Greg Kaster:
That’s exactly what I was going to say. And it enriches our teaching. I couldn’t agree more.

Jill Locke:
Absolutely. And I think I didn’t know about how that played out for my professors as a college student. But I certainly felt it as a student. My senior year, my roommates, I lived with two English majors and another Polysci major. And all our books were piled up on the coffee table in the living room. We talked about what we were reading and doing. And I just, I love that kind of intellectual cross fertilization.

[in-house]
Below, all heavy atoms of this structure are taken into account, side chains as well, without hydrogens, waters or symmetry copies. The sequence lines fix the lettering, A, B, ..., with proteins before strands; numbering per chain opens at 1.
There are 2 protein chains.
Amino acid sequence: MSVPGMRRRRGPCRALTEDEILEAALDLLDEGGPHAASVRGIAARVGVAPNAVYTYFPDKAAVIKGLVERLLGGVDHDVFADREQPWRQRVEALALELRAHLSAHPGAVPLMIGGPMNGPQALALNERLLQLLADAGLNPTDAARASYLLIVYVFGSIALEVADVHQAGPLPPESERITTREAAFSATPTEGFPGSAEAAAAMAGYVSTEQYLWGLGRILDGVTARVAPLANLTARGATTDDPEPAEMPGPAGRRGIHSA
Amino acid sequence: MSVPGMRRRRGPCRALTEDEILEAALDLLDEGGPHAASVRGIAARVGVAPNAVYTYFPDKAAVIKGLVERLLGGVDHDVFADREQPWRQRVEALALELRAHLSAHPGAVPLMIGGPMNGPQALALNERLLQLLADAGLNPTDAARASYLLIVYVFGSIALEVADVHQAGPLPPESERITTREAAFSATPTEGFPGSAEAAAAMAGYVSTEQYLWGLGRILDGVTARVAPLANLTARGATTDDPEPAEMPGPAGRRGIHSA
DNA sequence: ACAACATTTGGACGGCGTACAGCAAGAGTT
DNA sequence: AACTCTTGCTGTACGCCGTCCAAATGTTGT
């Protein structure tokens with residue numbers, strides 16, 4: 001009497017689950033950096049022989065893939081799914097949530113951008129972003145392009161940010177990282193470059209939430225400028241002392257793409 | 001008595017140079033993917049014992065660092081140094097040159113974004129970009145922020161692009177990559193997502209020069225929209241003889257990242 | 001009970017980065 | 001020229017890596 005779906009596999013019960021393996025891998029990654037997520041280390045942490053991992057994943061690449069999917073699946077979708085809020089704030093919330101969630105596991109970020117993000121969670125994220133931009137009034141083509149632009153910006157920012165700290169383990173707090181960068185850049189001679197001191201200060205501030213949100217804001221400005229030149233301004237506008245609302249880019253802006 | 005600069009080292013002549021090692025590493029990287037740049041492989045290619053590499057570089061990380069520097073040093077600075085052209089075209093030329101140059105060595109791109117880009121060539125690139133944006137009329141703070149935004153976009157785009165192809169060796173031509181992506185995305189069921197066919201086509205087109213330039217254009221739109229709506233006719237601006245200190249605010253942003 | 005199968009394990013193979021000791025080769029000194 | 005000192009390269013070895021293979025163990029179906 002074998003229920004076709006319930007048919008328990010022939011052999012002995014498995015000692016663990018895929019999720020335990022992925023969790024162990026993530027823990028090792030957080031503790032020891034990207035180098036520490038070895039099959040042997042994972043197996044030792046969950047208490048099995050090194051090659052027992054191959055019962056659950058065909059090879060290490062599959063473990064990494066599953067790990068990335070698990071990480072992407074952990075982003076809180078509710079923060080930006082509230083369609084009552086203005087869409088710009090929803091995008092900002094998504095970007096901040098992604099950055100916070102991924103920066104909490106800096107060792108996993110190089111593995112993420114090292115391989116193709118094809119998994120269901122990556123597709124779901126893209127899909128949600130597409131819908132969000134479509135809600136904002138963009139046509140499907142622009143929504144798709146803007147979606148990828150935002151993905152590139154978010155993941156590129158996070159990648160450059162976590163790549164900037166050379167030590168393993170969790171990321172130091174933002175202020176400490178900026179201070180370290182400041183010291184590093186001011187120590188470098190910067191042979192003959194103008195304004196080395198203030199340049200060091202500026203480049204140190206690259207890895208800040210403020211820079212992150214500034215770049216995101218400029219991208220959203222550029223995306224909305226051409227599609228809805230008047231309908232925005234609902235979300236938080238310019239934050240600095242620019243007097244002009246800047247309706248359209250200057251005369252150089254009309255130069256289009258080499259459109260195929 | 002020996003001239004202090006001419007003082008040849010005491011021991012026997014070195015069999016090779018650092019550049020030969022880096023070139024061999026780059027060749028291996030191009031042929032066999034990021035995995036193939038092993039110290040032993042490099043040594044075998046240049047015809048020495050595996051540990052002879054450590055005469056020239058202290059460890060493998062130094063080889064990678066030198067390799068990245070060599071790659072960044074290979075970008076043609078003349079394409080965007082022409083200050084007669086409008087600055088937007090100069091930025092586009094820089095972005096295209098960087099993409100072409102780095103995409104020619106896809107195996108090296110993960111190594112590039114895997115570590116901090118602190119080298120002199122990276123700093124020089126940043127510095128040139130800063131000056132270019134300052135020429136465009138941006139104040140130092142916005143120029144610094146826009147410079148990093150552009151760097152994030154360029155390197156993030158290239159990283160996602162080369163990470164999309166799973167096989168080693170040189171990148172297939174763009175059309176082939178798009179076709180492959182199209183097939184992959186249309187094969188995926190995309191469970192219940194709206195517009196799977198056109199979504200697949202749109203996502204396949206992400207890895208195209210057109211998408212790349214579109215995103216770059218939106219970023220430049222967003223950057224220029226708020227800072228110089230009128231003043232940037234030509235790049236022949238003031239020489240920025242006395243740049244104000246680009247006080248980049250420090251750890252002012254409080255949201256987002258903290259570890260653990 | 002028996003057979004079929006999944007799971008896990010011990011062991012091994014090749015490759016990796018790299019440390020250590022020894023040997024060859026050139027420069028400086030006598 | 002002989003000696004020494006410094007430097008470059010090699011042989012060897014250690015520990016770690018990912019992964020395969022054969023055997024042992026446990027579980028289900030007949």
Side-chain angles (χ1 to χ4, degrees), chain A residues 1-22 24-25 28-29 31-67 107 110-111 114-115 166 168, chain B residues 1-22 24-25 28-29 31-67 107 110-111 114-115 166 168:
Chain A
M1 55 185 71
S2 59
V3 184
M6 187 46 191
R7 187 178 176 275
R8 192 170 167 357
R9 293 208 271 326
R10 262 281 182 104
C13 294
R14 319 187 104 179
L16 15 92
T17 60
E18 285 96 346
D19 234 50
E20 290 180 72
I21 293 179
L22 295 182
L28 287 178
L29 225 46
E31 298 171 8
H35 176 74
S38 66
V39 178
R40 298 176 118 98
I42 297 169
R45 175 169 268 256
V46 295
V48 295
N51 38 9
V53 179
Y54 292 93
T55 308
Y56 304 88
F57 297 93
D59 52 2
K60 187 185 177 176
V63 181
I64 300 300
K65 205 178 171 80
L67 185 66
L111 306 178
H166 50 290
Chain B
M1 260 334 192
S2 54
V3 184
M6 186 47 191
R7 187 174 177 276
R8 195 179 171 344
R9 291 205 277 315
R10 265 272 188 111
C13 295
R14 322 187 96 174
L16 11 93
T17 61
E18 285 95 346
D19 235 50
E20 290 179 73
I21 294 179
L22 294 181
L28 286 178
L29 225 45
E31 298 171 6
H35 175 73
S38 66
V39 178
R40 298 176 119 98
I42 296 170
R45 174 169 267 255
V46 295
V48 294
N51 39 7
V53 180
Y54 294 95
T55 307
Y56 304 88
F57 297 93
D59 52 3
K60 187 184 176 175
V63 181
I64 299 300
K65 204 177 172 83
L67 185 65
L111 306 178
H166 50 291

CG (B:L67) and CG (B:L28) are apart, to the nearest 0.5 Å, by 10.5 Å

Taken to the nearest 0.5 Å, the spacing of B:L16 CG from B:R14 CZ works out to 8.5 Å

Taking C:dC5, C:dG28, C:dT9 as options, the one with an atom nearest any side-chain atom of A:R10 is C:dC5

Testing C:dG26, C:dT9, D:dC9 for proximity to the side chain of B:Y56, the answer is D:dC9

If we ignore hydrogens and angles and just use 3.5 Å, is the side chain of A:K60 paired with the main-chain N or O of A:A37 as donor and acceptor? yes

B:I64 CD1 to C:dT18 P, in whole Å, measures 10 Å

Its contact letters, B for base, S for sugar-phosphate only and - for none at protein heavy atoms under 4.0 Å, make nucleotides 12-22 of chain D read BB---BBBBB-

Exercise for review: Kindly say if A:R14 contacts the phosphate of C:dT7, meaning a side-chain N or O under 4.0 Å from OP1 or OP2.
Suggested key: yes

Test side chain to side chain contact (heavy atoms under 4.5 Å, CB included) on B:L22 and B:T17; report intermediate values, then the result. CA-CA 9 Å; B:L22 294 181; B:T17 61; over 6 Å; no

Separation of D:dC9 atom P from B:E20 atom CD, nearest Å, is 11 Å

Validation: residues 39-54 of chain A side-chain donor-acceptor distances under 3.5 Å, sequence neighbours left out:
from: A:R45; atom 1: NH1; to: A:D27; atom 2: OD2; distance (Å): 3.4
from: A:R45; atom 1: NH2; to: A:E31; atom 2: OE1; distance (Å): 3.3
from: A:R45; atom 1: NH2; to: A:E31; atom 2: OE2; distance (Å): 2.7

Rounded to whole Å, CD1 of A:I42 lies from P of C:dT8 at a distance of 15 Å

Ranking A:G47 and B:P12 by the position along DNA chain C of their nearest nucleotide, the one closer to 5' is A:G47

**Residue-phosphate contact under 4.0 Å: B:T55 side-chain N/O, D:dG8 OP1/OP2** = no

Greg Kaster:
That’s the best part of higher ed, the best part of our work. Well, it’s been great to talk to you. We have to do this again because I’d like to hear perhaps in another podcast about your current work. And thank you so much.

Jill Locke:
You’re welcome. Thank you.

 

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Media Contact: Director of Media Relations and Internal Communication JJ Akin
jakin@gustavus.edu
507-933-7510